Since I started photography full time, I have noticed a shift in my work. I originally took photos for events and business. Whilst I still do that, a bulk of my work, currently, involves taking photos of properties for estate agents.
This wasn’t something that planned or wanted to go into yet the opportunity came and I took it. I had all the gear and know how so why not?
But what makes a property photographer and what do you need?
Obviously equipment is essential. I would not recommend having a kit lens and if you think this would be enough, it isn’t. You could definitely shoot with a kit lens but involves more work, especially doing a small room. On a full frame camera with the kit 24-105mm lens for example, could work. On a crop sensor with an 18-55mm for example, no because it’s too tight for rooms because it is a 29-88mm equivalent.
Let me explain. I go for a certain look when I shoot properties. I like getting the whole room shot first then move into details, so I would need a wider focal length then use whatever focal length for the detailed shots. Hence why I wouldn’t recommend a kit 18-55mm lens for example.
Here are my essentials that I have to bring to each shoot:
Then depending on the house, sometimes I do get big houses, If I know this I would bring:
I use a Canon 5D mk4, which is a full frame camera. I feel this is essential because it handles low light a lot better than crop sensor. This means I can increase the ISO when I don’t use a flash and it will have less noise than crop cameras.. The dynamic range is generally better which is important when shooting dark rooms with sunshine shining through the windows. With the full frame camera and the 16-35mm lens I am getting the full 16mm view. Whereas a 16mm on a crop sensor would be c. 26mm which is far too tight for rooms.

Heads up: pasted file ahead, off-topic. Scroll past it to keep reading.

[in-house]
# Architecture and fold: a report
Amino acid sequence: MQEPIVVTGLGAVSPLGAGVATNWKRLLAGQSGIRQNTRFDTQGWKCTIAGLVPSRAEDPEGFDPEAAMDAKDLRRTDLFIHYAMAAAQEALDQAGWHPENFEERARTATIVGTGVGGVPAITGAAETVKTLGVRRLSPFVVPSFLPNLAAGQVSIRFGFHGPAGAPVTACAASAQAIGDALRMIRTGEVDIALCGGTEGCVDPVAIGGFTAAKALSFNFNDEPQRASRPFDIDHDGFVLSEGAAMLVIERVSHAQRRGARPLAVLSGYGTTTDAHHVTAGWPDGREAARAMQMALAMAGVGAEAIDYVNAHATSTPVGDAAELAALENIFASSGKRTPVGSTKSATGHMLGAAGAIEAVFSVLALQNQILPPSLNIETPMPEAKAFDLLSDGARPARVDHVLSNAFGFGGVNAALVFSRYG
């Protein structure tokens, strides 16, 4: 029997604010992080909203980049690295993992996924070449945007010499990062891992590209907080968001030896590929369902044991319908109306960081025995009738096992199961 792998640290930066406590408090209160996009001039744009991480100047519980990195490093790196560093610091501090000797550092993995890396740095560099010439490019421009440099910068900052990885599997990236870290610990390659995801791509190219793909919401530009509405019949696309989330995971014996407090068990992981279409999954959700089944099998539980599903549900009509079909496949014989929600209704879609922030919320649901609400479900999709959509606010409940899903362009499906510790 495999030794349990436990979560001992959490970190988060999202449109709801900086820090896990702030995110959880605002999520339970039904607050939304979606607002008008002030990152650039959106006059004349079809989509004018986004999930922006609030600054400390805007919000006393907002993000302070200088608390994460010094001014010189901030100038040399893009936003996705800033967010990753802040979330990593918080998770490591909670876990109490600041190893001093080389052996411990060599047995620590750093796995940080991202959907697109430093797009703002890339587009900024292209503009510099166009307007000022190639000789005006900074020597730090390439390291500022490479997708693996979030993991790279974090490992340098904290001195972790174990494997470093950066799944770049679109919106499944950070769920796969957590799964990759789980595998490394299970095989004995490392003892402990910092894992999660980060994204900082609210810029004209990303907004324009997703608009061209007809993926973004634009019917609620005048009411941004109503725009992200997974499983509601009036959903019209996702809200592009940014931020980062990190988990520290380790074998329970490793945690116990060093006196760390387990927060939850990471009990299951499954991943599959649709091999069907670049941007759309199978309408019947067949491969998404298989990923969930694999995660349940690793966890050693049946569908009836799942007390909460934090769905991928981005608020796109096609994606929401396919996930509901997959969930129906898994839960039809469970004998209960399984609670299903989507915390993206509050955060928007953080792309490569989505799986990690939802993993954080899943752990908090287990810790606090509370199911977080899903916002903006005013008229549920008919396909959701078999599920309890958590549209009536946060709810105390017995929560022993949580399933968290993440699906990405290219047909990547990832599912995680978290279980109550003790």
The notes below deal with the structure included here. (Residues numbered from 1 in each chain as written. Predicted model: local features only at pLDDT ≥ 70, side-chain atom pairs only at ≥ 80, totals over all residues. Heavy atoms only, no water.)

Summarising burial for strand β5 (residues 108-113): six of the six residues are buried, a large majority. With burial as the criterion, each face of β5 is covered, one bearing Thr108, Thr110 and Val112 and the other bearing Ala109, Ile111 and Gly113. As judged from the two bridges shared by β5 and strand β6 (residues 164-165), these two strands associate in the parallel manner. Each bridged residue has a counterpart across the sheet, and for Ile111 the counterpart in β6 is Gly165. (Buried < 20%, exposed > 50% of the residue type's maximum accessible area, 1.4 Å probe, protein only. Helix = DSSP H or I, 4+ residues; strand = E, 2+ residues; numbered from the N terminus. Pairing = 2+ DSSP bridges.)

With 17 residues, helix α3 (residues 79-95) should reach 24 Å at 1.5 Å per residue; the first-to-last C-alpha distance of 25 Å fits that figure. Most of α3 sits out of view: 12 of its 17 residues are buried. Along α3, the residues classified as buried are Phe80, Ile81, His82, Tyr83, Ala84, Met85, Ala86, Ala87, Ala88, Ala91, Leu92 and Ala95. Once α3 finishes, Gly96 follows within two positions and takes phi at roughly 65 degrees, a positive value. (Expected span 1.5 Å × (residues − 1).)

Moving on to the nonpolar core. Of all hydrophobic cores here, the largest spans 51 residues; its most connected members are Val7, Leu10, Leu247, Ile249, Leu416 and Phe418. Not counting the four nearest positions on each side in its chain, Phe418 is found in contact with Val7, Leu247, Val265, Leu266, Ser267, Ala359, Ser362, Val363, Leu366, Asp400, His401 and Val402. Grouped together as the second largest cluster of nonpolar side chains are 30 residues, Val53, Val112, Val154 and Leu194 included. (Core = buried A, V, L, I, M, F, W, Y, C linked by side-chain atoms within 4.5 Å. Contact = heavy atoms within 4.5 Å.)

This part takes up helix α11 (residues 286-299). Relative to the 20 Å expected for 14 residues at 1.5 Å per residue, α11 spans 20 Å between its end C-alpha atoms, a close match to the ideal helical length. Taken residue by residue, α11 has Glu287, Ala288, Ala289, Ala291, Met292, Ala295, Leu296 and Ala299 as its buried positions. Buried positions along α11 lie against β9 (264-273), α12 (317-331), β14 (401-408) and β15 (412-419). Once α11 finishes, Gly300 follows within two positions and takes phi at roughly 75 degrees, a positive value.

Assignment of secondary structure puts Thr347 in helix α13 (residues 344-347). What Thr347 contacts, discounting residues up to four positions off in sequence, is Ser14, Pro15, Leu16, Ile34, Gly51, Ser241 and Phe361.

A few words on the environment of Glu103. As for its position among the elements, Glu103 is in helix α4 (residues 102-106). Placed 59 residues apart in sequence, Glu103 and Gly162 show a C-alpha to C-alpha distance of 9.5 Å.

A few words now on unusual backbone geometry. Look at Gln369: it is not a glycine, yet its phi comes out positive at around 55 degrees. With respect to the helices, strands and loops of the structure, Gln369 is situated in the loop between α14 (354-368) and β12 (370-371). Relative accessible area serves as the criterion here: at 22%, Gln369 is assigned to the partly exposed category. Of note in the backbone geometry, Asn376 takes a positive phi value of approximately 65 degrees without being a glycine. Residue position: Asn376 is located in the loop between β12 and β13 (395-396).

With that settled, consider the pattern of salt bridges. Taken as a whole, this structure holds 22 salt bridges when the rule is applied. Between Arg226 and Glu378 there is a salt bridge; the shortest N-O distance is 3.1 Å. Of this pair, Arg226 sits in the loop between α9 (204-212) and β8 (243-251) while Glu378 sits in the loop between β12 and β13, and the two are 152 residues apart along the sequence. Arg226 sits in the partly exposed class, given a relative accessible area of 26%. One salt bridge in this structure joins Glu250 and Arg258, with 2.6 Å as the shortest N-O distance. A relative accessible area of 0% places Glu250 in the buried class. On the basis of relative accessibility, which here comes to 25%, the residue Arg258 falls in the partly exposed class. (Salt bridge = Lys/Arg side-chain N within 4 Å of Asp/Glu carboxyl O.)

A wide angle lens is a must and I highly recommend investing in one. Purely to show off the room, sometimes I get small houses that 16mm isn’t enough, however, I feel any wider than 16mm the distortion becomes more visible and harder to fix in post processing. It also makes a room look a lot bigger than it is which helps sell the image to clients. Viewers or buyers always look for bigger rooms not smaller. This is why a wide angle lens is essential.
A 35mm isn’t essential but I like to include this in my bag. I use this purely for detailed shots, such as flowers on the table, fireplaces, type of LED lighting or pillows. See below for examples.
So does that mean I can’t shoot properties with a crop sensor camera?
Not at all. Definitely you can. I have shot properties with a crop sensor camera using a wide angle lens such as the 10-18mm.
But doesn’t that mean there will be a lot of noise and image quality isn’t as good? No, with a flash/strobe you can use a low ISO setting and you wouldn’t know the difference.
So..what do you think? Do you think you can be a property photographer?
Don’t forget guys. I have a job section on my website- you can apply or send your interest via pm/dm on my social media accounts. I am always on the look out for help.
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